American Enterprise Online
September 22, 2004
By Alan W. Dowd
“History doesn't repeat itself,” Mark Twain is credited with musing, “at best it rhymes.”
Striking the same cadence and rhythm that paced international affairs a century ago, history seems to be in one of her poetic moods.
Now, as then, a plain-spoken man with patrician roots and a cowboy’s spirit sits in the White House. And although it’s not a perfect parallel, one could argue that Theodore Roosevelt and George W. Bush ascended the presidency under similar circumstances.
TR became president on September 14, 1901, after William McKinley succumbed to an assassin’s bullet. As historian Edmund Morris writes in Theodore Rex, TR rightly concluded that the attack was aimed not at a man, but “at the very heart of the American republic.”
It was a hundred years later to the day—on September 14, 2001—that Bush climbed a pile of rubble in Manhattan and rallied Americans to respond to a far more deadly and shocking attack on the republic. As others noted at the time, it was only then that Bush shook off the doubts of a bitterly contested election and, with simple but sobering words, finally became America’s president. “I can hear you,” he boomed to an army of soot-faced rescuers. “The rest of the world hears you. And the people who knocked these buildings down will hear all of us soon.”
As with TR after he took the reigns of power, the world would never be the same.
* * *
In TR’s time, as in ours, European sentiment for America ran hot and cold. A century ago, Germany and Britain were prowling the Caribbean after Venezuela’s failure to make good on its debts. In doing so, the two powers were threatening America’s special role in the Western Hemisphere. Germany was even plotting war with America.
TR responded with an ultimatum and a big stick: After dispatching 53 warships to the waters near Venezuela, he gave Germany 10 days to back down. Morris captures TR’s sentiment well: “If Germany and Britain wanted to splash in the same water, they must play by American rules.”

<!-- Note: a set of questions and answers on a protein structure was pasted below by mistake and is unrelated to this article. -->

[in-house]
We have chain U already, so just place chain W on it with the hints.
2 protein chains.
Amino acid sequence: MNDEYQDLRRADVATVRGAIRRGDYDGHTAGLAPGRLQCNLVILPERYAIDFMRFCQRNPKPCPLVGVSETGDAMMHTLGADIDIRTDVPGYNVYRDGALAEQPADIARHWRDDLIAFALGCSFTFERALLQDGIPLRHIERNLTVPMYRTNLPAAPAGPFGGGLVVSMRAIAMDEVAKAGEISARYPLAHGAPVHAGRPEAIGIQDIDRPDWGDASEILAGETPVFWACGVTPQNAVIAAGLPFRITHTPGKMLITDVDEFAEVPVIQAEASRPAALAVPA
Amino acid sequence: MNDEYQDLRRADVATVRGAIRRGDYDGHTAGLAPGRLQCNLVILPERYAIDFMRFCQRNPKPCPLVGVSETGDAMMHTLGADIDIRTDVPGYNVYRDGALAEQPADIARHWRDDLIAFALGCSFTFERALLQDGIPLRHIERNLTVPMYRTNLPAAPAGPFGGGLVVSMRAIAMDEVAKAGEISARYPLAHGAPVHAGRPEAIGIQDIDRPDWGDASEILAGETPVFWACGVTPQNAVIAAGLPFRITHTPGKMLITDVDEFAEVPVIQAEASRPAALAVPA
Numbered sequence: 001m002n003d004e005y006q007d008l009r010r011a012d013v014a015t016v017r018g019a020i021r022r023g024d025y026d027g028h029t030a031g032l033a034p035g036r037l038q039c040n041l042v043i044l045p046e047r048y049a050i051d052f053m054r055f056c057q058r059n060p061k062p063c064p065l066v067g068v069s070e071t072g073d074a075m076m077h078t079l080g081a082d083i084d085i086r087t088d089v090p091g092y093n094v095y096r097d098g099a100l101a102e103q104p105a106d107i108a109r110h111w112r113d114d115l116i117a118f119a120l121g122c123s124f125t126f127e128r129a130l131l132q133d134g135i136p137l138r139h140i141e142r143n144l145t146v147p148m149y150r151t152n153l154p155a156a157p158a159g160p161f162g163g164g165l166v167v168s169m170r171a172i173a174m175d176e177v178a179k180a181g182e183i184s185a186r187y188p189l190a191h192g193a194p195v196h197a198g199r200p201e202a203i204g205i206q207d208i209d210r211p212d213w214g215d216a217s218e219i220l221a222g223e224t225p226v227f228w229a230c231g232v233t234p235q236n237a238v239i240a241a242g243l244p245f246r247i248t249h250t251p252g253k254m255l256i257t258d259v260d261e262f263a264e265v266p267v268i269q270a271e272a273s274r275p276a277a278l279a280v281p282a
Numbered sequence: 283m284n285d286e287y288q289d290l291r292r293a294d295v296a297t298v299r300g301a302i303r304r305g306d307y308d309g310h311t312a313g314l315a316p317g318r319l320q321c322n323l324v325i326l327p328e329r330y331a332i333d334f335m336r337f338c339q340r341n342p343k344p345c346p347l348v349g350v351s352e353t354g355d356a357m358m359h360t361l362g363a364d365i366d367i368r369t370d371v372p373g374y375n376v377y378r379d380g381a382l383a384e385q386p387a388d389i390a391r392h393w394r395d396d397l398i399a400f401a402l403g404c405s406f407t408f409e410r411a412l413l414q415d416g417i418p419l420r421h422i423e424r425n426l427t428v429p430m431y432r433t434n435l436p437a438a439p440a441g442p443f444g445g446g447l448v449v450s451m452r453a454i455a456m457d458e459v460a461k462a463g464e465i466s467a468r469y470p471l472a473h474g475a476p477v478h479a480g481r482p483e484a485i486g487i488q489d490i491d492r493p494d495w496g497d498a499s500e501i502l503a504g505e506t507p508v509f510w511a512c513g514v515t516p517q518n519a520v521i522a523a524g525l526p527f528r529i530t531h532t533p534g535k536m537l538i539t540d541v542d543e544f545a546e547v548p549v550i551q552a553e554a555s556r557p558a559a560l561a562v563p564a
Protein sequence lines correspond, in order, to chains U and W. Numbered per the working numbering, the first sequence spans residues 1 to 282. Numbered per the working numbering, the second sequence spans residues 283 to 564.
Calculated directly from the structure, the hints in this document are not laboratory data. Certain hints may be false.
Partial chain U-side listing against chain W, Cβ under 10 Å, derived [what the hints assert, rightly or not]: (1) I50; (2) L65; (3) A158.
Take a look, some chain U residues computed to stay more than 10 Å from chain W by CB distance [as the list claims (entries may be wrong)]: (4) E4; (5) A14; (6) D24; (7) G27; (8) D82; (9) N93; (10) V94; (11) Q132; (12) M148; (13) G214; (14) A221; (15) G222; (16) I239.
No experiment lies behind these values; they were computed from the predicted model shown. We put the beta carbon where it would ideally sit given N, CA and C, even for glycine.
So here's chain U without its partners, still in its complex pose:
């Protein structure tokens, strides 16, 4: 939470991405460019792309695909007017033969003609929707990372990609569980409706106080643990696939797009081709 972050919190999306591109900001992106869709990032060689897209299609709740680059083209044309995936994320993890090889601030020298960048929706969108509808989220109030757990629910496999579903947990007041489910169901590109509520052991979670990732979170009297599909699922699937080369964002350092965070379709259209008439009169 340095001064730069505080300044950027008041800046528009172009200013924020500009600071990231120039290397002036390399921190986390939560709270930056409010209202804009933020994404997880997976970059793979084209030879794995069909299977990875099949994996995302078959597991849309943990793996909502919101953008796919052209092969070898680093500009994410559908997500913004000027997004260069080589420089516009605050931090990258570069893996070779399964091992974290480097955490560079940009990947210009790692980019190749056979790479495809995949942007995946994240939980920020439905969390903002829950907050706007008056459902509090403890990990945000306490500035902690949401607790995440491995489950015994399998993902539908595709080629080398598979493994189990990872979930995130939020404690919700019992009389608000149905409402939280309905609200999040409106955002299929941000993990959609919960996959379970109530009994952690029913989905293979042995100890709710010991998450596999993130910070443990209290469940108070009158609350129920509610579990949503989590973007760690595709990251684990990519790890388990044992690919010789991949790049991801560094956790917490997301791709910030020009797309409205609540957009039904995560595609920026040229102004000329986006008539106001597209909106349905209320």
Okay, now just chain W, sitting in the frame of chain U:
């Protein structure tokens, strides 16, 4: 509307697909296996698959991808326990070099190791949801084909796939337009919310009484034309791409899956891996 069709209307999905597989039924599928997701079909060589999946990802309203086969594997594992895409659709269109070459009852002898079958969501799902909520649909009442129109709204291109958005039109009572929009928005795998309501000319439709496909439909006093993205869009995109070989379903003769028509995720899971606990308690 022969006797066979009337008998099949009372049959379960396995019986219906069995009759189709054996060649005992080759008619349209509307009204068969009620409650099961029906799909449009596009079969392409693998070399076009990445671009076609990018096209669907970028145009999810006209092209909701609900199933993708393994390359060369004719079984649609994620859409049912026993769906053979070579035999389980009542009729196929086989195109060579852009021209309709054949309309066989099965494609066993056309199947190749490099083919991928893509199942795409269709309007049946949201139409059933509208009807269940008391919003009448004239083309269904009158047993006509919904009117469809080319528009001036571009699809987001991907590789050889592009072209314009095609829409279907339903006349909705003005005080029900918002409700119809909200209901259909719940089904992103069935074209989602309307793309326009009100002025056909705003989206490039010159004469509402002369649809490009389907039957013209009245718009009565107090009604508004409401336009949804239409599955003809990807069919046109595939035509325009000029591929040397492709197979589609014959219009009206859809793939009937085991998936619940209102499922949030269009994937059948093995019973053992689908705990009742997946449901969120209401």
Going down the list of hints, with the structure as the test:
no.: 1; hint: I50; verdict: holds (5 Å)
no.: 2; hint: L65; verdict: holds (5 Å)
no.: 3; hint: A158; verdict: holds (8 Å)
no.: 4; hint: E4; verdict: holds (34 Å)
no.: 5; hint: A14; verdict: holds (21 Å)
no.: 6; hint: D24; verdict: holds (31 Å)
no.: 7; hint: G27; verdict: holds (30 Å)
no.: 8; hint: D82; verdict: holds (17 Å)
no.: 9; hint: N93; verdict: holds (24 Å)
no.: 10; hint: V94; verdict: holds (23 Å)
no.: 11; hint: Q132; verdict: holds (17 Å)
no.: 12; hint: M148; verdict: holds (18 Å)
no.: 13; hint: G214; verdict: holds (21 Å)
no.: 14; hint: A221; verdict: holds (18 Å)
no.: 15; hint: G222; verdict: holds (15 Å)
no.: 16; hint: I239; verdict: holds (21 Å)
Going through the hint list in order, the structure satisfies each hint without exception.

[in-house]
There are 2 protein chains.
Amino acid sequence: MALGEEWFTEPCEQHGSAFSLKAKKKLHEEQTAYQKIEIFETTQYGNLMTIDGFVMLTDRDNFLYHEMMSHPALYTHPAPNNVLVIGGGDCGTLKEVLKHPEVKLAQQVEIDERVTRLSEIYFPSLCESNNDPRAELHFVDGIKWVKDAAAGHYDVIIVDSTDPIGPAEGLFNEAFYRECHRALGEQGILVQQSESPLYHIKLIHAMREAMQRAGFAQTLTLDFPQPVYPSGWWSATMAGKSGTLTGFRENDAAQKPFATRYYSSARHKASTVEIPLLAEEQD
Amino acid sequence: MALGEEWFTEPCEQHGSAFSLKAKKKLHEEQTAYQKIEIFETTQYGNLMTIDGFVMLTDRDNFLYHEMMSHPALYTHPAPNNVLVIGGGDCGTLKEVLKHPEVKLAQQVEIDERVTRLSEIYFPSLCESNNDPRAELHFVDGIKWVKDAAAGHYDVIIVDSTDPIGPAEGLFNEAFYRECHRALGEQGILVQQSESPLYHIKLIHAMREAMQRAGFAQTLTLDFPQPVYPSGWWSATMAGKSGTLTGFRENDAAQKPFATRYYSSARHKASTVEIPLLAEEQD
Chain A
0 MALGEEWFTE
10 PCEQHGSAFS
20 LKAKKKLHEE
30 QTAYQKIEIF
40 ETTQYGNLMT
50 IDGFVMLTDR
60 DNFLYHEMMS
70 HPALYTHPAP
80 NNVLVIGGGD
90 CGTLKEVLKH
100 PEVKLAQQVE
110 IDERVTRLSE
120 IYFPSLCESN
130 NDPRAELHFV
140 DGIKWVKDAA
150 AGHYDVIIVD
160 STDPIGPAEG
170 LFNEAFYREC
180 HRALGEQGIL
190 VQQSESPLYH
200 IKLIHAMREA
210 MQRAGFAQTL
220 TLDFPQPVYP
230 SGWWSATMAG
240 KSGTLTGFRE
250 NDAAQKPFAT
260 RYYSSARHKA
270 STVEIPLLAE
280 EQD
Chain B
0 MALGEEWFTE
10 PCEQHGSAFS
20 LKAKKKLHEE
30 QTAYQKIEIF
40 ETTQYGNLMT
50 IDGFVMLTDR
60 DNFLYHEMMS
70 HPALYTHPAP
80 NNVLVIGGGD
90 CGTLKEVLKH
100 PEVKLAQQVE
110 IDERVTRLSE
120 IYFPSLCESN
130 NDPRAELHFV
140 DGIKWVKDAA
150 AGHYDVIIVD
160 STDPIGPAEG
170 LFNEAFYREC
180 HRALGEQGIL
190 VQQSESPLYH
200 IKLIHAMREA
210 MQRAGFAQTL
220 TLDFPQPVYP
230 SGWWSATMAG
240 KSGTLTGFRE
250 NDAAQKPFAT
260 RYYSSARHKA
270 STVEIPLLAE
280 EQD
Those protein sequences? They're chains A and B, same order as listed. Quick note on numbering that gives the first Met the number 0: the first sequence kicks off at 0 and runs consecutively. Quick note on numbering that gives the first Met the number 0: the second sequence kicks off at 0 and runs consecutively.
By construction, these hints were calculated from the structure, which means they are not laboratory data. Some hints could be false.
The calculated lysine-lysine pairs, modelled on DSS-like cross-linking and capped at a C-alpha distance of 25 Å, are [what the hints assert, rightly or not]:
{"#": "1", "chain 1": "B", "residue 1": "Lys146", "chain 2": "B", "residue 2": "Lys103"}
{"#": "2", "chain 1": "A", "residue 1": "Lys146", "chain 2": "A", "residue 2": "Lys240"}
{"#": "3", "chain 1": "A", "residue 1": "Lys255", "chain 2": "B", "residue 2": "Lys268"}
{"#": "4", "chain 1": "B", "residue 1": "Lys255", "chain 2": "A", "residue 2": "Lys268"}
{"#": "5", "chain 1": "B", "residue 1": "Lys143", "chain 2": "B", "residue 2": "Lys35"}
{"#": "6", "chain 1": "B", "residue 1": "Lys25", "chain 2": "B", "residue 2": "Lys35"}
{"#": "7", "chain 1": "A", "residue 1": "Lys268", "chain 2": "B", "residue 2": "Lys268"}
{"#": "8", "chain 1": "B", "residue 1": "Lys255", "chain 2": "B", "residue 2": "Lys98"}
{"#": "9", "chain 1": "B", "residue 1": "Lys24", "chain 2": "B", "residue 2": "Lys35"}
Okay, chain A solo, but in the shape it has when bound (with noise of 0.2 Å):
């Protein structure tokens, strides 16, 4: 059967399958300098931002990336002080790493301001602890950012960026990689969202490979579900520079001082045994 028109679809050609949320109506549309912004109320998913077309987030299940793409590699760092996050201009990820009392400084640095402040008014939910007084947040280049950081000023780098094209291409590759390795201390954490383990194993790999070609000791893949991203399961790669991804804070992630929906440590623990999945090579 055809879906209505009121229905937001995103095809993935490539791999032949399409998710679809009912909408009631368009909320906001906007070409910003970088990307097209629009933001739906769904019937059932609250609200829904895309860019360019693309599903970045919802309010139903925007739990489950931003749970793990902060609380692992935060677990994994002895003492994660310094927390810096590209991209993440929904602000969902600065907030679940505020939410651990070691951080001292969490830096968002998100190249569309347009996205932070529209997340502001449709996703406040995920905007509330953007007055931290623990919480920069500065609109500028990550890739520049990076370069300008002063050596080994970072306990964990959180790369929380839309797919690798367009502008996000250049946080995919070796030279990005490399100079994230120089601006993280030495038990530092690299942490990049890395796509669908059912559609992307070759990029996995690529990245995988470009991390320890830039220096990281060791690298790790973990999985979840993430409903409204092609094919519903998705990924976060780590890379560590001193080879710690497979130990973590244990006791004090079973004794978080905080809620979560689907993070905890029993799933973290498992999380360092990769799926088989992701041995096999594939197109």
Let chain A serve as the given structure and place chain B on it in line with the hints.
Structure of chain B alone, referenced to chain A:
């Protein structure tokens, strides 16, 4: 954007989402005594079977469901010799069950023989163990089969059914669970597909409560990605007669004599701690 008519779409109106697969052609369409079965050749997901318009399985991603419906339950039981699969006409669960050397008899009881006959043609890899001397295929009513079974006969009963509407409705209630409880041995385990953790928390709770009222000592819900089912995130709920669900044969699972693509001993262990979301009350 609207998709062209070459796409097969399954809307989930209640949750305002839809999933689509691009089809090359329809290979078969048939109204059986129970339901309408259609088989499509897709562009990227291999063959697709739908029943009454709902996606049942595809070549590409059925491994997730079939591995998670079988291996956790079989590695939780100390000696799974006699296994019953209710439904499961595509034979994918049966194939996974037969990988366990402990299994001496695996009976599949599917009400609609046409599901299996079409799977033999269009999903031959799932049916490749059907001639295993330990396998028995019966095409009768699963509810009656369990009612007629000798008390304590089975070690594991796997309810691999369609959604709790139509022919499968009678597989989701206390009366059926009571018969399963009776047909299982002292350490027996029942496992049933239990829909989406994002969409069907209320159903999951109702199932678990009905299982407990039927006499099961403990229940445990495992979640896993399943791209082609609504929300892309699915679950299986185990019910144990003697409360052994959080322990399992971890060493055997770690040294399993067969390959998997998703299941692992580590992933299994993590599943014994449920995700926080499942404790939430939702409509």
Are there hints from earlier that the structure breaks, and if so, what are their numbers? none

Today, it is France and Germany that prowl the UN and undermine America’s special role as the lone superpower. America is not teetering on the brink of war with these countries, of course, but the relationship is certainly something less than friendship. Like TR, Bush has used deadlines and ultimatums to get his point across, and he has used American arms to enforce international norms and punish those who don’t play by the rules.
As a result of the near miss in Venezuela, TR issued a statement of policy to put the world on notice about America’s intentions and responsibilities in the Western Hemisphere. It came to be called the Roosevelt Corollary to the Monroe Doctrine, but it was arguably a doctrine in its own right. In it, TR stated that the United States would intervene as a last resort to ensure that other nations in the Western Hemisphere fulfilled their obligations.
Likewise, the Bush Doctrine would put the world on notice that the US was prepared to do what fragile governments like Georgia’s were unable to do inside their own borders, what feckless leaders like some in Europe were unwilling to do in Iraq and Afghanistan, what feeble institutions like the UN were prevented from doing by systemic shortcomings—namely, to fight terrorists and their patrons and partners on their territory but on our terms. “Our enemy,” Bush explained after 9/11, “is a radical network of terrorists and every government that supports them.” He promised that America would act against “emerging threats before they are fully formed.”